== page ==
Last week (November 18), officers from the Utah Department of Public Safety were working with wildlife officers to count sheep in the desert, when they came across a mysterious metal monolith. Standing over three metres high, the structure juts straight out of the red rock, drawing obvious comparisons to Stanley Kubrick’s 2001: A Space Odyssey. But what is it doing there?
Basically, no one knows for sure. A helicopter pilot, Bret Hutchings, who was part of the team that spotted the monolith, speculate that it’s some kind of science equipment or the work of an artist. “We were thinking, ‘Is this something NASA stuck up there or something’,” Hutchings told the local news station KSL TV, before adding: “I’m assuming it’s some new wave artist or something or, you know, somebody that was a big (2001: A Space Odyssey) fan.”
The idea that it’s the work of an artist may not be far off. Observers have pointed out that the monolith resembles the work of the minimalist artist John McCracken, who lived in the nearby state of New Mexico prior to his death in 2011. McCracken was represented by David Zwirner Gallery, and in a statement Zwirner says, “I believe this is definitely by John,” though he admits that the gallery is “divided”.
Of course, the other possibility floating around is that we have an otherworldly object on our hands (another flashpoint for alien enthusiasts?). Unfortunately though, all of the physical signs point to human, not alien, activity. Seemingly made of steel, the monolith is held together “with human-made rivets” and embedded by cutting into the rock with a power tool.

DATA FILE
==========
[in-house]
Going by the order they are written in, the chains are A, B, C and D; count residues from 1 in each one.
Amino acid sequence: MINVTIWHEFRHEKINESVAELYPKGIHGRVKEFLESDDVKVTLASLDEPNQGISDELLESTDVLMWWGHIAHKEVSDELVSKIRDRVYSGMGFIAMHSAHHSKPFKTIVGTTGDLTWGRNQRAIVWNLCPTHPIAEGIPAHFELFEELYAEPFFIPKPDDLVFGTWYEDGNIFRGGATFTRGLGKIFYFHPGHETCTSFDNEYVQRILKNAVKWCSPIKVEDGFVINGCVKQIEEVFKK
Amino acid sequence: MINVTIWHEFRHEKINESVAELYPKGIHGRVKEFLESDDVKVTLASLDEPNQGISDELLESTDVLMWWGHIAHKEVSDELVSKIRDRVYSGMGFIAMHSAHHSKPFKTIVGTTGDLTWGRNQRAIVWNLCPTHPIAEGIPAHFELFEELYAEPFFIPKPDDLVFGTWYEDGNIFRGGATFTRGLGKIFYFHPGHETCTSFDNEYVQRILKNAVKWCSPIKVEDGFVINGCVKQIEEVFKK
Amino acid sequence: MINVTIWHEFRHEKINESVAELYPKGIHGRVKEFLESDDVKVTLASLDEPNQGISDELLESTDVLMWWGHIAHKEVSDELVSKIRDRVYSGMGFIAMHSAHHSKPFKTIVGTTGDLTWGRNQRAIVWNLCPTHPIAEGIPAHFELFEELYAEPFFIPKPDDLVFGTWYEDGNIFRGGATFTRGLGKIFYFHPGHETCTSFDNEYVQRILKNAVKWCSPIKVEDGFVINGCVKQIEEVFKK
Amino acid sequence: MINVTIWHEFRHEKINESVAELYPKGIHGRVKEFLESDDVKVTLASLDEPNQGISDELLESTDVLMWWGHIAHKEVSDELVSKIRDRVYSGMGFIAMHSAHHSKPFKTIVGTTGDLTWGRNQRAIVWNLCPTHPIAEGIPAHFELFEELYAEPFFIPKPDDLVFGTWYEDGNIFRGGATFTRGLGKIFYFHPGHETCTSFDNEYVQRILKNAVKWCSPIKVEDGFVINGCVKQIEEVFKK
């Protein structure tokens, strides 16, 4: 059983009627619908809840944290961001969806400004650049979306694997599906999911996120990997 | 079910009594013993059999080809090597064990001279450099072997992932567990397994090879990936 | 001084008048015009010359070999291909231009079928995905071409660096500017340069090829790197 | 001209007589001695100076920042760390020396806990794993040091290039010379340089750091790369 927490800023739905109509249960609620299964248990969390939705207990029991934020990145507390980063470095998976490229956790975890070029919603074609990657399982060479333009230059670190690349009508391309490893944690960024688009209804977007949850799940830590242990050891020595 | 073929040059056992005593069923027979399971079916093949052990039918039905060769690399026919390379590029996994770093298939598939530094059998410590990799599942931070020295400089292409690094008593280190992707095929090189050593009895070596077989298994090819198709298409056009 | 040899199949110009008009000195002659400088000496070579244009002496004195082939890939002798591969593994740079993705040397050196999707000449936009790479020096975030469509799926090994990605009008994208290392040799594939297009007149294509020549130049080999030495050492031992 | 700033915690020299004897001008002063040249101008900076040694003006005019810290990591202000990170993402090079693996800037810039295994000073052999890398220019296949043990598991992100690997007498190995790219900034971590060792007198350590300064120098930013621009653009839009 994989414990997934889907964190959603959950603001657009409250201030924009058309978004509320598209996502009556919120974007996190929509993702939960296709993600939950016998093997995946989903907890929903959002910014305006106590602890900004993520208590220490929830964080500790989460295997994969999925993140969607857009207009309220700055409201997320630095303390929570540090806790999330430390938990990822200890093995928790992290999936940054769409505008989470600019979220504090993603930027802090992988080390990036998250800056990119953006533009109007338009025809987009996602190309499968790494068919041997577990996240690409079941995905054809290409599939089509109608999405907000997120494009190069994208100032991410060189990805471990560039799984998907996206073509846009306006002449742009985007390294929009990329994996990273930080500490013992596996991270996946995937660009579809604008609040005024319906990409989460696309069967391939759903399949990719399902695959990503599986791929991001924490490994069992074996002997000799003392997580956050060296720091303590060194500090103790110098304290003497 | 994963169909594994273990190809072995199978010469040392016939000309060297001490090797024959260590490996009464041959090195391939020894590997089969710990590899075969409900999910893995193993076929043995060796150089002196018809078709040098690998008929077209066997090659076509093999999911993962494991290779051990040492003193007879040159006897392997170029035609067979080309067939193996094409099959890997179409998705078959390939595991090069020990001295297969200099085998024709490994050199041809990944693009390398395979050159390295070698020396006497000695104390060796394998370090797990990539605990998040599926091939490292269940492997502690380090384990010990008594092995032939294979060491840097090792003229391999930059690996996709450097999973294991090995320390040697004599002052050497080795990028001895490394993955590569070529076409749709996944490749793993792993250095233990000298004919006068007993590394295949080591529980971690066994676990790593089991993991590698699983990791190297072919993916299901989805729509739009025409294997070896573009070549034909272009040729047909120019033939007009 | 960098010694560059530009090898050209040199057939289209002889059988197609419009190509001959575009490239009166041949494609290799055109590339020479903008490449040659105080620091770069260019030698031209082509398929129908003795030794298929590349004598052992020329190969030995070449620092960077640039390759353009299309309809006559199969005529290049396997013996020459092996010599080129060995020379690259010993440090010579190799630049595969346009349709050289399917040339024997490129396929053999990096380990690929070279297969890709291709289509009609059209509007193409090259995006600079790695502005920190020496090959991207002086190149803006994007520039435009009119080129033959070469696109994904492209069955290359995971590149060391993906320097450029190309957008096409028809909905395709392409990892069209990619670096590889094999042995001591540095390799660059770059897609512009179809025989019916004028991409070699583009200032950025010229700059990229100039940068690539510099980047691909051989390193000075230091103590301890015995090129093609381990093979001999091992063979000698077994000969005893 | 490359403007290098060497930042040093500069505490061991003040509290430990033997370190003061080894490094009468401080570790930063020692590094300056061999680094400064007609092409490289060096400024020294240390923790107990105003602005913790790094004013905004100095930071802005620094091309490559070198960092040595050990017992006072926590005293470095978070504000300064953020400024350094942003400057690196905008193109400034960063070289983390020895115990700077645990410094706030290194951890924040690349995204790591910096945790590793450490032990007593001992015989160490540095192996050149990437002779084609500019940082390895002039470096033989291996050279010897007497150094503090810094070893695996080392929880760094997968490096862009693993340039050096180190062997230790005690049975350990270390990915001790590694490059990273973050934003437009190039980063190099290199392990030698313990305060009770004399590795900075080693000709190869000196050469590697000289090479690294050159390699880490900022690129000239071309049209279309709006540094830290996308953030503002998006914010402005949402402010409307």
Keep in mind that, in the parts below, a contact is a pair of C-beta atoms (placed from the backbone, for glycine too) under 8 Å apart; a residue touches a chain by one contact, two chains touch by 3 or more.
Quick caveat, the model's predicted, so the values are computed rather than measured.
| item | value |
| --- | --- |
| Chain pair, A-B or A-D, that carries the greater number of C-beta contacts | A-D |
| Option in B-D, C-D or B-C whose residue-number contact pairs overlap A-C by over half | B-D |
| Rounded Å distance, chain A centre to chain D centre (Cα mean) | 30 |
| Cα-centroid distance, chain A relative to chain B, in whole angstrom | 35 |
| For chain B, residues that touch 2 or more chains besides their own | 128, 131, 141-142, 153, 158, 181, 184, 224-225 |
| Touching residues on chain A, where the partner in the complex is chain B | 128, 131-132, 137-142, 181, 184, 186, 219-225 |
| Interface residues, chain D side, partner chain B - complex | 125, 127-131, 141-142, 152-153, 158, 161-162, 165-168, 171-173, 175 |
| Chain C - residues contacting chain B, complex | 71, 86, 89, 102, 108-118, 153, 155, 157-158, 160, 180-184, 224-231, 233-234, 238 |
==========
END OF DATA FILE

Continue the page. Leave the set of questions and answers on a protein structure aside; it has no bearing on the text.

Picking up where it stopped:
Presumably because it’s so remote, officials say that it’s difficult to date the object’s installation – apparently, it could have been decades. A statement from the Utah DPS adds that the exact location in southeastern Utah won’t be made public, due to the potential dangers of people travelling out there to see it (although that hasn’t stopped people trying to pin it down on Google Earth).
Nevertheless, we might get an update when the Bureau of Land Management decides whether to investigate further. It’s technically illegal to install structures on federally managed public lands without the proper authorisation, the statement explains, “no matter what planet you’re from”. Until then, no doubt, the guesses and conspiracy theories will keep coming.